Haha, sorry, but you sound like an Apple commercial: "Stuck trying to decide which fan to buy based on extremely subtle and likely imperceptible sound pressure level differences, but don't happen to have a studio-quality anechoic chamber handy? There's an app for that!"
I'm just messin, but I couldn't help but read that post with the apple commercial guy's voice in my head lol.
Anyway, I came back to repost and to clarify that I hope that what I said in the prior post didn't offend you, jonnL. I was not aiming that at you, and I don't want you to get the wrong impression of this place (or me; I'm friendly I promise), and I didn't realize until later that it sounds a bit harsh. Not my intention, so for what it's worth, sorry.
I do get frustrated sometimes by the sheer amount of people who (across the multiple forums I am actively involved in) ask people to find them ultra extreme performance fans but add a qualifier about how it must be absolutely silent, which is absolutely impossible. I realize that is not what you are doing, that's why I am back to apologize, but it is pretty common and always annoys me. Like I said in the last post, I do a ton of uncompressed audio recording editing which requires that I be able to hear the audio EXACTLY as the average listeners would, but also as people would with the most common audio device in the world (iPod earbuds... Barf) up to how the sound is reproduced via 10ft tall 8-cone "carved-from-a-single-piece-of-200yr-old-extremely-rare-wood-from-a-tree-located-at-the-heart-of-the-Congo-and-only-accessible-by-a-ten-day-walk-and-carried-back-by-hand" extremely expensive speakers that cost as much as a brand new Ferrari 599GTB HGTB with Carbon-Ceramic Brakes (and still have enough money left over from the cost of the car to have a full makeover courtesy of Novitec Rosso including their literally jaw-dropping twin-supercharger kit as well as full aerodynamic, weight-reduction via Carbon Fiber, customized interior, wheel & brake, and of course audio system packages). In fact, that's actually what "real" studio monitor speakers are designed to do, although many companies decided that calling their home theater or Blose-esque speakers "studio monitors" and headphone companies are even worse, especially since headphones can be more difficult to work with as a good set can deliver almost infinite types of sound but are very hard to calibrate as there aren't different drivers for different frequencies,just one big driver (yes, multi-driver headphones exist but they aren't even close to where single drivers are at yet). I have owned more headphones than you would imagine because of how headphones, just like speakers, have a break in period but it is far more noticeable with headphones, and the only pair I use consistently are my Grado RS1i Studio Reference cans.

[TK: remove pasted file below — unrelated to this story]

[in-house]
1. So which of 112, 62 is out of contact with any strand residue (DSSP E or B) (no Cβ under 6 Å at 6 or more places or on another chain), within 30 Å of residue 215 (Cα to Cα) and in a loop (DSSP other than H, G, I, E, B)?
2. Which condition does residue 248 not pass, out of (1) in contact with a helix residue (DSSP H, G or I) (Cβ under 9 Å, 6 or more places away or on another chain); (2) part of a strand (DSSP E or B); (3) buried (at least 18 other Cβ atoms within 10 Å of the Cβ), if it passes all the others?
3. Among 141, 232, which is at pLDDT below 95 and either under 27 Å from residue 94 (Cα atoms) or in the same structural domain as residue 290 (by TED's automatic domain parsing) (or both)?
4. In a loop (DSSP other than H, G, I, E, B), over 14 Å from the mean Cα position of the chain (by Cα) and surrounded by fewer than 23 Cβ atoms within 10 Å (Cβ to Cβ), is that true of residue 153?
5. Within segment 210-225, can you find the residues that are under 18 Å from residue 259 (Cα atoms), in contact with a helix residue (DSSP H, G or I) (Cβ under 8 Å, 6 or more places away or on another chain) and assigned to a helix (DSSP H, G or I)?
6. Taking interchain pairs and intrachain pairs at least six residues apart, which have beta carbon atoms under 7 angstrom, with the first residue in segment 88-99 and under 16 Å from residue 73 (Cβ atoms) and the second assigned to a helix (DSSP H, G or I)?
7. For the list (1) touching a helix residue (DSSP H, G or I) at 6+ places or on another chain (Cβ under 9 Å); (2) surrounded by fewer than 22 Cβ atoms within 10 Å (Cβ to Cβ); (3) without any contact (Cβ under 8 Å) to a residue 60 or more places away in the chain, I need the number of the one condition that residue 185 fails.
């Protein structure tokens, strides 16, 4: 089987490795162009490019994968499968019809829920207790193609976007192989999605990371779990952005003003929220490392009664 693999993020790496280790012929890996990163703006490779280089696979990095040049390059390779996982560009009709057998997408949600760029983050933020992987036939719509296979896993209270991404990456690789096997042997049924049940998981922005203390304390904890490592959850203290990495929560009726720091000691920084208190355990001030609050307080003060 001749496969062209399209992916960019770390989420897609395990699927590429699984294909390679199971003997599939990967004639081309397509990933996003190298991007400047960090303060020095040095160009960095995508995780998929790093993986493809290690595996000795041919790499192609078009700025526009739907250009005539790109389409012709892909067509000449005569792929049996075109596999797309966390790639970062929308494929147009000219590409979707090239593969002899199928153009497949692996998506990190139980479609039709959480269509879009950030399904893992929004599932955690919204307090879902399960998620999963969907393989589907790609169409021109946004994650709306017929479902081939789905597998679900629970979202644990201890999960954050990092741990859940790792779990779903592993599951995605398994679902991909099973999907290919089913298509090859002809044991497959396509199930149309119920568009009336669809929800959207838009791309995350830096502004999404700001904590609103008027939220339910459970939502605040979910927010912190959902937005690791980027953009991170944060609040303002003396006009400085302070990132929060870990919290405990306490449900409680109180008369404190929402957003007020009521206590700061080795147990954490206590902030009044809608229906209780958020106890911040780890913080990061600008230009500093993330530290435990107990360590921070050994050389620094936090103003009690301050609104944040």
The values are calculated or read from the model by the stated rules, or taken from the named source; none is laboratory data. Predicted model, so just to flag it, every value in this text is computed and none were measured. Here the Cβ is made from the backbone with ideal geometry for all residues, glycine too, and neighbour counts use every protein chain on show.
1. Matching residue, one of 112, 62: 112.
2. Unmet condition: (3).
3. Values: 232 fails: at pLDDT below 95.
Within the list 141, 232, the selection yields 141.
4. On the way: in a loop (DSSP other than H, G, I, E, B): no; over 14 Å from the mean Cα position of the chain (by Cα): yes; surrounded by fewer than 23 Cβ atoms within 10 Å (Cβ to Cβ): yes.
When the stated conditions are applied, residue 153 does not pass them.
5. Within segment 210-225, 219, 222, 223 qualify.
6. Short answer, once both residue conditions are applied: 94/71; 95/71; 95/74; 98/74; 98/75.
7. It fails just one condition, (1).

Sorry, I went on rambling again...
My point is, I don't just know sound because I like to, I know it because I need to, and the environment I do my editing in is of good significance. That said, it has been about six months since I have been able to do my "side job"/hobby at any real capacity due to a number of reasons, but I don't think I've lost my ear. To me, the difference between 29dB and 33dB in terms of volume from a fan is truly imperceptible unless you are completely free of ambient noise (I can't get below around 12dB ambient without going from $2k in sound-absorbent/dampening materials to 10-20x that amount. If you live in a city, you probably have an ambient noise level well above that of these fans, and if you game with speakers or headphones on, the fans will not be perceptible. In fact, my RS1i headphones, which are open-air/dynamic (the space behind the driver is exposed, which allows for much better reproduction of realistic sound, but can also let more outside sound in), drown out every fan I have tested (at the equivalent of 60 percent volume on an iPod) with the sole exception being a 5400rpm Delta that I just had to play with. Now that is the kind of fan you don't want.
I just really urge you to base your purchase on something other than solely sound noise, because the factory specs are never accurate (yes, even Gentle Typhoon AP15s are specced wrong, albeit only by about 2dB which is still more accurate than 99 percent of fans), and when you do see the stated specs you should consider that the actual volume is between 4dB and 20dB higher than stated. I have heard many fans that are significantly quieter than others rated 15dB lower, in fact it's probably the least accurate spec given for fans regardless of make/model.
Not to mention that a louder fan with a lower-pitched but steady sound is vastly more comfortable than one that is actually quieter but is higher pitched and/or has a very irregular pitch.
Tl;dr version: don't buy a fan based on the given specs for sound, and realize that the type of sound is vastly more important than the level of sound when it comes to listening comfort. Also, always consider the sound specs given are off by 5-15dB.
And unless you are running some crazy fans, speakers or headphones will drown them out anyway.
The best thing to do? Fan Controller!